R�sch reports that the company’s wholly owned subsidiary, Didier Corrosion Engineering (DCE), is involved in the Afrikander Lease (Aflease) project, which is carried out over a period of 12 months and is expected to be completed in August 2007. The project is a turnkey project that involves the supply, design and installation of two autoclave leach vessel linings.
DCE also supplied and installed autoclave linings at the Kansanshi mines in Zambia. Rosch reports that the autoclave shells for this project were imported from the Nevada desert, in the US.
According to Refraline, the company can look forward to the upcoming yearly maintenance work to be done at the Nesher Cement plant, in Israel. The project involves flying 40 skilled Refraline staff on short notice over to Israel. Our personnel will be working around the clock with a local labour contingent. During the three week shutdown, the rotary kiln will be completely relined as well as extensive work in the preheater, the tertiary air duct and the cooler undertaken. Refraline installed the complete refractory lining at two new cement plants for Nesher Cement in 1995 and 1999. Nesher subsequently contracted Refraline to perform maintenance on the two plants twice a year on an ongoing basis.
The company will also be involved in a project for Nampak Wiegand, where Refraline will be rebuilding a glass tank for the company in joint venture with Sorg Feuerungsbau & Service. Work on this project is expected to start in January 2008 and will be completed in March 2008.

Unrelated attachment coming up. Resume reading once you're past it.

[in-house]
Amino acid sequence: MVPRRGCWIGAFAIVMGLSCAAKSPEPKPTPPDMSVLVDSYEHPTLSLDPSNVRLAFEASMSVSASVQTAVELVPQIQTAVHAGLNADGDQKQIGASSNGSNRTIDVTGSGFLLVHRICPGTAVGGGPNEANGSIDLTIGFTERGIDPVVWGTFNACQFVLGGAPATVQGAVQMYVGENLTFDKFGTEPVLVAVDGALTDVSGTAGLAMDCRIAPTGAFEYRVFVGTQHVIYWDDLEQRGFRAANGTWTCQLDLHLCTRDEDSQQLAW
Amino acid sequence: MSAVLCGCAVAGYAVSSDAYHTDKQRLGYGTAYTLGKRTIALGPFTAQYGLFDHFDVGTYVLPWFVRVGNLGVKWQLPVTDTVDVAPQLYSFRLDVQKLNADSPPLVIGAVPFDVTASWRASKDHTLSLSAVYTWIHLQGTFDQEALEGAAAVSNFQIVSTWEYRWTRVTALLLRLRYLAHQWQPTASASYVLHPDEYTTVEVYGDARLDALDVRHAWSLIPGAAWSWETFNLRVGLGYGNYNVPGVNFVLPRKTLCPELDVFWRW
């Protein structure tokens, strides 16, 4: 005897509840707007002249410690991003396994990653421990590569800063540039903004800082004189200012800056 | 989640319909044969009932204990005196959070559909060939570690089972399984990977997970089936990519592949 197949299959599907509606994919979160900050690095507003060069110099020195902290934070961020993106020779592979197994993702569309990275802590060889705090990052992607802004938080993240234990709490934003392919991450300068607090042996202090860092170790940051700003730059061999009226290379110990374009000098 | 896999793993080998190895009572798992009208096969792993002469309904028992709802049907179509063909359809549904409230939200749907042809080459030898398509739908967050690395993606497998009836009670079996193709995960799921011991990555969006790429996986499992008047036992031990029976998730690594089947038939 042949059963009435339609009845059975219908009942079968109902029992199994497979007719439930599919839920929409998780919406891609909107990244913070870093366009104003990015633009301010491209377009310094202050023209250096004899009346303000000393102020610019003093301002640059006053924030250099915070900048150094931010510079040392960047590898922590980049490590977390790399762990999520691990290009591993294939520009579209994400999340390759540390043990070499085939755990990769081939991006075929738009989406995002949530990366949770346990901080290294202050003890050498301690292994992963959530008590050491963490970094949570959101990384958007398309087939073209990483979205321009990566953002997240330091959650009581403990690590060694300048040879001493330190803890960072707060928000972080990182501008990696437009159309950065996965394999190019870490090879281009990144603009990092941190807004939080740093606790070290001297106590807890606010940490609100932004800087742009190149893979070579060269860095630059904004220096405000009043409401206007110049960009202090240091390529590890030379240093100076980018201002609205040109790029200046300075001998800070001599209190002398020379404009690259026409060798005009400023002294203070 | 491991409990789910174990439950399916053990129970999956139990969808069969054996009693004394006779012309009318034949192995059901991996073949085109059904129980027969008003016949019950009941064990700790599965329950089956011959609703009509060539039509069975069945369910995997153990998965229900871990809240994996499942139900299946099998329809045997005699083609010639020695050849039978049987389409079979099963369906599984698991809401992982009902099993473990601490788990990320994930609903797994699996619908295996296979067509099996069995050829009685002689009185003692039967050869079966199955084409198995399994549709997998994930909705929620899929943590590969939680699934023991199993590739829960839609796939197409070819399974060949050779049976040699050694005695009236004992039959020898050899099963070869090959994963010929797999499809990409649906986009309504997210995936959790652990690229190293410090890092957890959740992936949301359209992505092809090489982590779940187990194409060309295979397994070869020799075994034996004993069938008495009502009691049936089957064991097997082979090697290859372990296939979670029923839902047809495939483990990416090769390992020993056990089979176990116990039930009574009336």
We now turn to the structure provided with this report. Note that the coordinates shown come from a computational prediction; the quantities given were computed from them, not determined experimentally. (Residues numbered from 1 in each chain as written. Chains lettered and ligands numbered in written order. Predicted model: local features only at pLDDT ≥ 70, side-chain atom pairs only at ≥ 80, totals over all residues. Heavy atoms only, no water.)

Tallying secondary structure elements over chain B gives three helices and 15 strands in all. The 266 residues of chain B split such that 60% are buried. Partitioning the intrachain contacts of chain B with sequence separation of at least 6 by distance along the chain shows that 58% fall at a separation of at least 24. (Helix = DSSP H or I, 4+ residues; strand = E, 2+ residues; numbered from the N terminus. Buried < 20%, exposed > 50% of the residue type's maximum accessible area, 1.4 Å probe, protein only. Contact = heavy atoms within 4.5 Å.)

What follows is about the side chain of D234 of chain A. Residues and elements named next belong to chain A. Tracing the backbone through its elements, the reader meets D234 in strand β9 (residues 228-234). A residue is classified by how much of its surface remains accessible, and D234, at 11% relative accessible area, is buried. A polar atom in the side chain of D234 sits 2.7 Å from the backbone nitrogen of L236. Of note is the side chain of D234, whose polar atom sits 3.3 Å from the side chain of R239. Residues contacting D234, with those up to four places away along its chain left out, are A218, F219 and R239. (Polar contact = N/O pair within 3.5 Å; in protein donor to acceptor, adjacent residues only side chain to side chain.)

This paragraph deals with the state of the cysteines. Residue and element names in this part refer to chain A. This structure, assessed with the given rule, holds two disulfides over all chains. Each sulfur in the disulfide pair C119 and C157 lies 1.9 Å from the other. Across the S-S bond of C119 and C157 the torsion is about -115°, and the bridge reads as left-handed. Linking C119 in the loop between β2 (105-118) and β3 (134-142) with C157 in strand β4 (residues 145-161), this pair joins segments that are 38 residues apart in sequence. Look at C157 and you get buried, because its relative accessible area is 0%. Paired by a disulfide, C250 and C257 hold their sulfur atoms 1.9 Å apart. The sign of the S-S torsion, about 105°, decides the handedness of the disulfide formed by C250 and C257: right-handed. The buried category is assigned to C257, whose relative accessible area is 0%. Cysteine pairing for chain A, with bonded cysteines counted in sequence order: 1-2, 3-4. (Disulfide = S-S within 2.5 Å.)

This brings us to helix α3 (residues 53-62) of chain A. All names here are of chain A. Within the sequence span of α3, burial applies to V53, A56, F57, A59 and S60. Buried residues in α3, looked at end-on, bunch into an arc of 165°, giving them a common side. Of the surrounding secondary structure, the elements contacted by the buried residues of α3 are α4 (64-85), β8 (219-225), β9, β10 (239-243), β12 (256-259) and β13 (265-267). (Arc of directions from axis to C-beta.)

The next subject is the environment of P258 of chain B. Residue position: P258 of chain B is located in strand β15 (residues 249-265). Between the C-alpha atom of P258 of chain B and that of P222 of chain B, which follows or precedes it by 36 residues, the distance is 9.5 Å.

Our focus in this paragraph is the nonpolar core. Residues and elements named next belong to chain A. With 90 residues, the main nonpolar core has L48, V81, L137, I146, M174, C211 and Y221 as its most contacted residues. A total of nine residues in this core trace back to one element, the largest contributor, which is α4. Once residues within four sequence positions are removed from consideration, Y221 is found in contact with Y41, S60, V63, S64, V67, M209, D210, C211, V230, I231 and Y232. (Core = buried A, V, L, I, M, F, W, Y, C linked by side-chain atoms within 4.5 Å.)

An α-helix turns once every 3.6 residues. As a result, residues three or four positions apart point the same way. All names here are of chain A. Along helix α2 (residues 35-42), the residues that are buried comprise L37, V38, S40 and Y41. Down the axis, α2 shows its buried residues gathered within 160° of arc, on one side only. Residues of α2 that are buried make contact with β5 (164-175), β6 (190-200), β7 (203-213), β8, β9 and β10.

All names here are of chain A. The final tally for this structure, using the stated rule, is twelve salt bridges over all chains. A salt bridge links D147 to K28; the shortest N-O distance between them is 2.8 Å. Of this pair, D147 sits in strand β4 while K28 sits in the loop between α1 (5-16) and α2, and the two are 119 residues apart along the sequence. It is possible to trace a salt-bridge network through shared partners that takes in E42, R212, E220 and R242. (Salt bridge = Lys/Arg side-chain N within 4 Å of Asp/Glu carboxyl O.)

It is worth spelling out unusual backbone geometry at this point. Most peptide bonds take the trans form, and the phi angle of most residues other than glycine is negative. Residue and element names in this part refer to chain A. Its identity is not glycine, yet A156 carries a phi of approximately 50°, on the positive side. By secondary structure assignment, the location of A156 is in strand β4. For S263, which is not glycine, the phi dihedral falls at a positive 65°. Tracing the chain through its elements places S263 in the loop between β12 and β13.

R�sch says the state of the refractory industry is presently healthy. He reports that the growth in the industry is due to both the mining and the engineering sectors working at full capacity. There have been upgrades and rebuilds of existing plants in the market. The main factor contributing to the healthy state of the industry is the various investment projects in progress. R�sch is very optimistic and has great confidence in the industry’s future.
Refraline reports that the greatest growth potential for the industry lies in capacity improvement where companies are looking to add to their current capacity. Great potential for growth in the mining sector lies in Zambia and in the Demoratic Republic of Congo.
Besides the skills shortage, R�sch reports that the biggest challenge the company faces is the opening up of the industry to companies from the Far East and their access to cheap labour.
R�sch explains that the company holds the Dekra ISO 9001:2000 and the OSHAS 18000 certification. In compliance, the company adheres to strict health and safety standards on its work sites. He adds that, as far as he is aware, Refraline is at present the only refractory contracting company in South Africa holding both certifications.
Refraline aims to capitalise on the present strong market by strengthening its position for the long-term benefit of all its stakeholders. The company is currently working at full capacity and is planning to expand capacity as an immediate goal.
Over the medium and long term, R�sch adds, the company would like to diversify into industries that it is not currently operating in and into other countries in the South-ern African Development Com- munity.
Refraline’s head office is based in Johannesburg, and the company has permanent sites in Cato Ridge, Witbank and Meyerton, serving the ferroalloy industry. Refraline is 40% owned by Burwitz of Germany. Burwitz is part of the Beroa group that owns refractory installation companies, such as Karrena, in Germany, and Forter, in Portugal. The remaining 60% of Refraline is 50% owned by the mangement of the company, with employees holding the remaining 10% shares in the company through an employee share option scheme.